the things I cannot change,
the Courage to change the things I can,
and the Wisdom to know the difference.

Areté – αρετή

For Aristotle, bravery is the first virtue. It came up at work this week. 

It is, quite simply, consciously choosing to walk the difficult tightrope between fear and courage:

“A brave man is one who faces and fears what he should for the right reason, in the right manner and at the right time. A brave man performs his actions for the sake of what is noble. Those who err by excess with regard to this virtue are called rash, but one who is exceedingly fearful is called a coward.”

“Men who show courage because they are optimistic and they think they will win are not brave, because they do not act for the right reasons, and when the situation does not turn out well, they end up being cowards.”

“Men who are ignorant of danger are also not brave, but only appear to be so because they have no knowledge of the danger.”

Prohairesis, Prosoche and Areté: character, consciousness and choice, all come together in sophia σοφία; the title above, and Greek for ‘wisdom’ – the root of philosophy φιλοσοφία philo-sophia.

Whatever the state of their οἰκονομία (economy), Greeks deserve our enduring thanks; for all they invented in the life of the mind.

Crystallisation

At the core of Aristotle’s account of ethics and virtue is ‘Prohairesis’ – the central moral character.

I increasingly think of it like a copper sulphate crystal growing on a piece of thread. When you do the classic school experiment, knotted threads provide the core around which a copper sulphate crystal can form, from a saturated solution. But you often get several smaller crystals and imperfections in the main one.

In my thesis, the central moral character forms – like a copper sulphate crystal – when choice and actions start to cohere around a central narrative of who we are and what we stand for. The sub-crystals are alternate versions of ourselves and the imperfections are just that – out of character behaviours, foibles and failings.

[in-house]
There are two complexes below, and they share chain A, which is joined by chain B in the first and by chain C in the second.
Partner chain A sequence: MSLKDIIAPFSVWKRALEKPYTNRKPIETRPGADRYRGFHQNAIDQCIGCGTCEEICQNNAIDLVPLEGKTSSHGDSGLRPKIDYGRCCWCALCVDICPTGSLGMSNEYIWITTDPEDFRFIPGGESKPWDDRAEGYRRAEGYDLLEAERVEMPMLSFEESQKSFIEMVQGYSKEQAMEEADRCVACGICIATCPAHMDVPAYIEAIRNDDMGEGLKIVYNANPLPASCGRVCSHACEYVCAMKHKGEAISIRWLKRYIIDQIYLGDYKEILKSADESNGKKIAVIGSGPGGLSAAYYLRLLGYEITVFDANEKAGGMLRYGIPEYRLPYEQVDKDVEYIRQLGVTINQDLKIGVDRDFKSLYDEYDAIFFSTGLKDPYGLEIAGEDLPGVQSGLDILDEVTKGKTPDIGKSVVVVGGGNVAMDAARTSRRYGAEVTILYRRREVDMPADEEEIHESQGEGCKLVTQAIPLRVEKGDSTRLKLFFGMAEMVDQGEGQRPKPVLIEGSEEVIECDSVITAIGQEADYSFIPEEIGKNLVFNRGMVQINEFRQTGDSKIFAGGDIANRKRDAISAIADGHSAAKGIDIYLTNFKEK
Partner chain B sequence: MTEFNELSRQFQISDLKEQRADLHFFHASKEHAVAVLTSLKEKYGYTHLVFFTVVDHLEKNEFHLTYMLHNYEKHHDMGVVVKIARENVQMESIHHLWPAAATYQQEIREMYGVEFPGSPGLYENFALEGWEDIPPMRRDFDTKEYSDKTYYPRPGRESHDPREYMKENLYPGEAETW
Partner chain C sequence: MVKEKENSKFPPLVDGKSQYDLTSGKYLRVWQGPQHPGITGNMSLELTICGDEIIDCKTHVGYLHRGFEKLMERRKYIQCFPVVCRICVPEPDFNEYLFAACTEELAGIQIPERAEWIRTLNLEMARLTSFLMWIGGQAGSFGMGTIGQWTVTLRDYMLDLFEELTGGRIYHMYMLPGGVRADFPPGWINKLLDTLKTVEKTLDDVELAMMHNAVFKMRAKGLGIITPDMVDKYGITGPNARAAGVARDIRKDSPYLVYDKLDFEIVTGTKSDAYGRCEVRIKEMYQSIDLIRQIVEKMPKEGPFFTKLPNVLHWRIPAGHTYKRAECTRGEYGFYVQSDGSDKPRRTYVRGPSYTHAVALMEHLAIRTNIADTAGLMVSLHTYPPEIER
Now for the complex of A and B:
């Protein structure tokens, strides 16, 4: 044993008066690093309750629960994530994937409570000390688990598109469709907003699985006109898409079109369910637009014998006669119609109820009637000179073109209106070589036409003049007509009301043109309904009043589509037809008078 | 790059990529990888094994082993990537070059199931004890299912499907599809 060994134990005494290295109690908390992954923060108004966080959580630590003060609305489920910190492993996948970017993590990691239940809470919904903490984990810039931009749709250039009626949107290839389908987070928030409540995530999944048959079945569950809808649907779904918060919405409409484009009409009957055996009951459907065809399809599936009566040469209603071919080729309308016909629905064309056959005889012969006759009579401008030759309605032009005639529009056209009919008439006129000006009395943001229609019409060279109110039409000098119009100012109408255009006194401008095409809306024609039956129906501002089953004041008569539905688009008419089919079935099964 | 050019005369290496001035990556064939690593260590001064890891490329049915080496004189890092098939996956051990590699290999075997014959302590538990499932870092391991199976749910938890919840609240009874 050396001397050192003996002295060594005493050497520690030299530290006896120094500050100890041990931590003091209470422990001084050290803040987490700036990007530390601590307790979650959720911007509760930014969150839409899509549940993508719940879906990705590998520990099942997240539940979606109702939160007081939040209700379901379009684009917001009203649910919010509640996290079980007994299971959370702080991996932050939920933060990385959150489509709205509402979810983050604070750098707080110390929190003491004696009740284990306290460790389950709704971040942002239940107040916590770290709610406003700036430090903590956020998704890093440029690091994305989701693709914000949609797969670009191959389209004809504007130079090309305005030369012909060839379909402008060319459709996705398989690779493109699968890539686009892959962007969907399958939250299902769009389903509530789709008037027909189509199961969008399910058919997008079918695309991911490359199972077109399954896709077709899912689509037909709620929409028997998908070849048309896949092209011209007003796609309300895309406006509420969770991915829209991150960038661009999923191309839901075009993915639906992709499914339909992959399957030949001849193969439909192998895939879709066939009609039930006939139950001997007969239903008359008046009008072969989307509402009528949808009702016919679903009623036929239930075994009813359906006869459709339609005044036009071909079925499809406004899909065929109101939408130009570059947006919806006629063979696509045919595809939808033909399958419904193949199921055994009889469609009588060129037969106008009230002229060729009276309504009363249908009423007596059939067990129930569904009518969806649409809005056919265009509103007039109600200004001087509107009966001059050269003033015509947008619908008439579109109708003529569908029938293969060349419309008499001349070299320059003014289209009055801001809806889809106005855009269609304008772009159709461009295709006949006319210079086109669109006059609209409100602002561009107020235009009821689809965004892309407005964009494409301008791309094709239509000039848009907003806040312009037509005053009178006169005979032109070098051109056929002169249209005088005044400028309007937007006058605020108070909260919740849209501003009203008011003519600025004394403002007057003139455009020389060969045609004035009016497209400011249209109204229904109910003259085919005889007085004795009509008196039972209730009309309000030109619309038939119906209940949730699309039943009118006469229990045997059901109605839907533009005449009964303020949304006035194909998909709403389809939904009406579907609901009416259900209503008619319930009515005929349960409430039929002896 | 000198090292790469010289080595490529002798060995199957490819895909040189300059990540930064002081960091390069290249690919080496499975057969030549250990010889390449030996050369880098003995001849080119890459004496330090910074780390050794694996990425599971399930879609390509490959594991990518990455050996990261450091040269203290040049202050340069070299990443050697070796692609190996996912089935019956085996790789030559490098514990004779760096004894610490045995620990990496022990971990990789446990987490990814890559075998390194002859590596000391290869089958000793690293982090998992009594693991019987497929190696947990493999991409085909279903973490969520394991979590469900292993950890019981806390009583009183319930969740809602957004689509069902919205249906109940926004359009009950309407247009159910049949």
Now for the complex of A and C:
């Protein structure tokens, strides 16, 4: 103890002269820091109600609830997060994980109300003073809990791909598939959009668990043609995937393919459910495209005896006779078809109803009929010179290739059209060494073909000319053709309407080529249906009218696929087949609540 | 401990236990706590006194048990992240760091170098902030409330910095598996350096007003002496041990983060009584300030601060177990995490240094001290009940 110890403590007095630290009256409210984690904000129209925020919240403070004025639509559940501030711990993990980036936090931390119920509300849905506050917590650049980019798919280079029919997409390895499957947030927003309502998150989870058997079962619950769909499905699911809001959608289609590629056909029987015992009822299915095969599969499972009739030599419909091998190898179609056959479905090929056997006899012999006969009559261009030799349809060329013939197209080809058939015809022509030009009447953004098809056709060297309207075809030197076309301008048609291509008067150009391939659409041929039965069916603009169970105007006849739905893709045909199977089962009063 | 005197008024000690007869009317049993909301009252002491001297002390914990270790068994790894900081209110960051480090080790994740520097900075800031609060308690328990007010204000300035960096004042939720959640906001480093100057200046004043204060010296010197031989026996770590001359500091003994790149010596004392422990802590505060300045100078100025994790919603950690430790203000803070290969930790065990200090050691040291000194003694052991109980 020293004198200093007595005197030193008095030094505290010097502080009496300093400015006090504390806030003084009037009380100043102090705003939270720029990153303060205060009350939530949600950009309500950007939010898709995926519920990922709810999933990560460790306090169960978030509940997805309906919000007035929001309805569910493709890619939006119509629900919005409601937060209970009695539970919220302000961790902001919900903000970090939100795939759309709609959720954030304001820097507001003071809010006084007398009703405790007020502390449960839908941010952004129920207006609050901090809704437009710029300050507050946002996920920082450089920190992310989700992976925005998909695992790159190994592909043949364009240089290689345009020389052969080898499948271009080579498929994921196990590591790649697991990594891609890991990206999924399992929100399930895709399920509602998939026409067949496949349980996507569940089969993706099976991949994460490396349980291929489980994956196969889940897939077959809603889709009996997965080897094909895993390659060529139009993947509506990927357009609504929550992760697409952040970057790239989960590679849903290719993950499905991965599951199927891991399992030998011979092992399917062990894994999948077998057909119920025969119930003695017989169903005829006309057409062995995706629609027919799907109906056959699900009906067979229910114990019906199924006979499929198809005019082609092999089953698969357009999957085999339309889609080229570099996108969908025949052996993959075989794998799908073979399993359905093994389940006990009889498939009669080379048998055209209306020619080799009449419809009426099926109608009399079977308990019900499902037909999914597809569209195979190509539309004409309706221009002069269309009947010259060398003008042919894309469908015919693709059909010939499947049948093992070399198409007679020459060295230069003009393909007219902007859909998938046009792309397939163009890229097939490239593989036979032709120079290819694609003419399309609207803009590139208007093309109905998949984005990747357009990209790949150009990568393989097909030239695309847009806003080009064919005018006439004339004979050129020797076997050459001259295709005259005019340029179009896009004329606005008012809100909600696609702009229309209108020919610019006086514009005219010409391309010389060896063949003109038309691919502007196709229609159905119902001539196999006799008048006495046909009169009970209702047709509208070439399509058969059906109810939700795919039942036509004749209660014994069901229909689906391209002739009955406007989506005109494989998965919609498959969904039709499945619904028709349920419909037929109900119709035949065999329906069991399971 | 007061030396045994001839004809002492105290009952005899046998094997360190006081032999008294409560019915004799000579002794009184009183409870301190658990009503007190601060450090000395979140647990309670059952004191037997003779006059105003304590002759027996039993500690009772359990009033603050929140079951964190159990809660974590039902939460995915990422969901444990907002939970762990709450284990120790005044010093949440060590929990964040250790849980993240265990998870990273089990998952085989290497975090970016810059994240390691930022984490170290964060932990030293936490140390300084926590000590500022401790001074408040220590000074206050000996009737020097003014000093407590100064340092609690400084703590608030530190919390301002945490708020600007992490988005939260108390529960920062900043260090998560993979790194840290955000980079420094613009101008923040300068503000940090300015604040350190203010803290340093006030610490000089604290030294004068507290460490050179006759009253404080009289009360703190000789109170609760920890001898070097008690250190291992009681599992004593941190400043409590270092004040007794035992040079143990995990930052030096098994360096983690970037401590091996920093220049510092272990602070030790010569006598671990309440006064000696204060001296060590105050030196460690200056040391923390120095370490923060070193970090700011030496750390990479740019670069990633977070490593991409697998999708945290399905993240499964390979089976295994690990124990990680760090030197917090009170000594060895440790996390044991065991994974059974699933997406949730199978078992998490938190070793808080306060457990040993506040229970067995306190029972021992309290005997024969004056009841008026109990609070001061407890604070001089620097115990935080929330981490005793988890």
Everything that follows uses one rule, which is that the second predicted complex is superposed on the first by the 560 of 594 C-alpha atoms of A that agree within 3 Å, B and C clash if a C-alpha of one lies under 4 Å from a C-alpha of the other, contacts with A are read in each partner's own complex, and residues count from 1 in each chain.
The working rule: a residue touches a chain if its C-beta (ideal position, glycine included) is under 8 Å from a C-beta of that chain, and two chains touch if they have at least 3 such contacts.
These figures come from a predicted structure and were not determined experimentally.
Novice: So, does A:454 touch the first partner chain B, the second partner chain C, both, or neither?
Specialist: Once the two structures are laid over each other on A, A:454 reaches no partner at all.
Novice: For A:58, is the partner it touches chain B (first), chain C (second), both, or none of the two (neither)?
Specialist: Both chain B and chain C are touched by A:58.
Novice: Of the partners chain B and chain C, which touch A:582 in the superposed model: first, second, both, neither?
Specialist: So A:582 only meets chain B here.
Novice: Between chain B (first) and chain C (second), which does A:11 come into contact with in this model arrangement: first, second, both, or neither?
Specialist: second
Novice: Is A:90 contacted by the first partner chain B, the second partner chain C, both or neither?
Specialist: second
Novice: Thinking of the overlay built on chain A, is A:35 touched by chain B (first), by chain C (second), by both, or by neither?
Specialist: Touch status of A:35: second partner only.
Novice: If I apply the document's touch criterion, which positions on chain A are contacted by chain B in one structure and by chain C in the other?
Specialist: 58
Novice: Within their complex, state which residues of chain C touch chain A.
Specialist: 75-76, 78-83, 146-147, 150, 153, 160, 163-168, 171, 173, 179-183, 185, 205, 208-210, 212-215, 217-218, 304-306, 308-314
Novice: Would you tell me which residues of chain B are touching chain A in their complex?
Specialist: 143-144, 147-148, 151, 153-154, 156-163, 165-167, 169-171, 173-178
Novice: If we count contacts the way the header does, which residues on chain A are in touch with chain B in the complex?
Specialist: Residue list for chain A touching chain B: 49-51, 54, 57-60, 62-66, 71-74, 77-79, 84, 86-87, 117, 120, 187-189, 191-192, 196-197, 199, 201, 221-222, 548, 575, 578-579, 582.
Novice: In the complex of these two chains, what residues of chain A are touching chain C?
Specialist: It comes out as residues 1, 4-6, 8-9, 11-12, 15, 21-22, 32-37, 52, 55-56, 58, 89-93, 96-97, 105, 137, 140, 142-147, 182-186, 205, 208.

Last week I gave a talk where I owned up to once having ‘presentational positions’ on most aspects of work. They were largely free floating from any common ethical foundation. I had ethics ‘in the mix’, but no core crystal.

Expedience, presentational benefit and plausible deniability were as likely to inform my public utterances as beliefs, values or virtue. Not these days. I have Prohairesis – a central moral character which, on my better days, informs and guides my choices.

But to meet Aquinas’s test of virtue I have one major challenge left – slowing down. Talking to a friend at the weekend it transpires that one of the strengths of ‘clever’ people is they are quick. This means they can quickly weigh options and decide on the best action. But the challenge to ‘capable’ people as they progress in life, and into more complicated situations, is to use this processing capability to judge more wisely – not more quickly.

Aquinas has it that a man can make ‘good’ or ‘bad’ moral choices without any guiding core moral character, but they cannot be truly ‘virtuous’ without ‘Prudentia’ – practical wisdom – as the unifying prism. As Herbert McCabe says deliberation should be long and considered, action sharp and decisive. Sometimes I am too quick to decide.

I have Prohairesis forming in a nice crystal on the thread of my life. I’m not bad on Prudentia these days either. But like copper sulphate crystals these things take time to grow, so I should take my time too.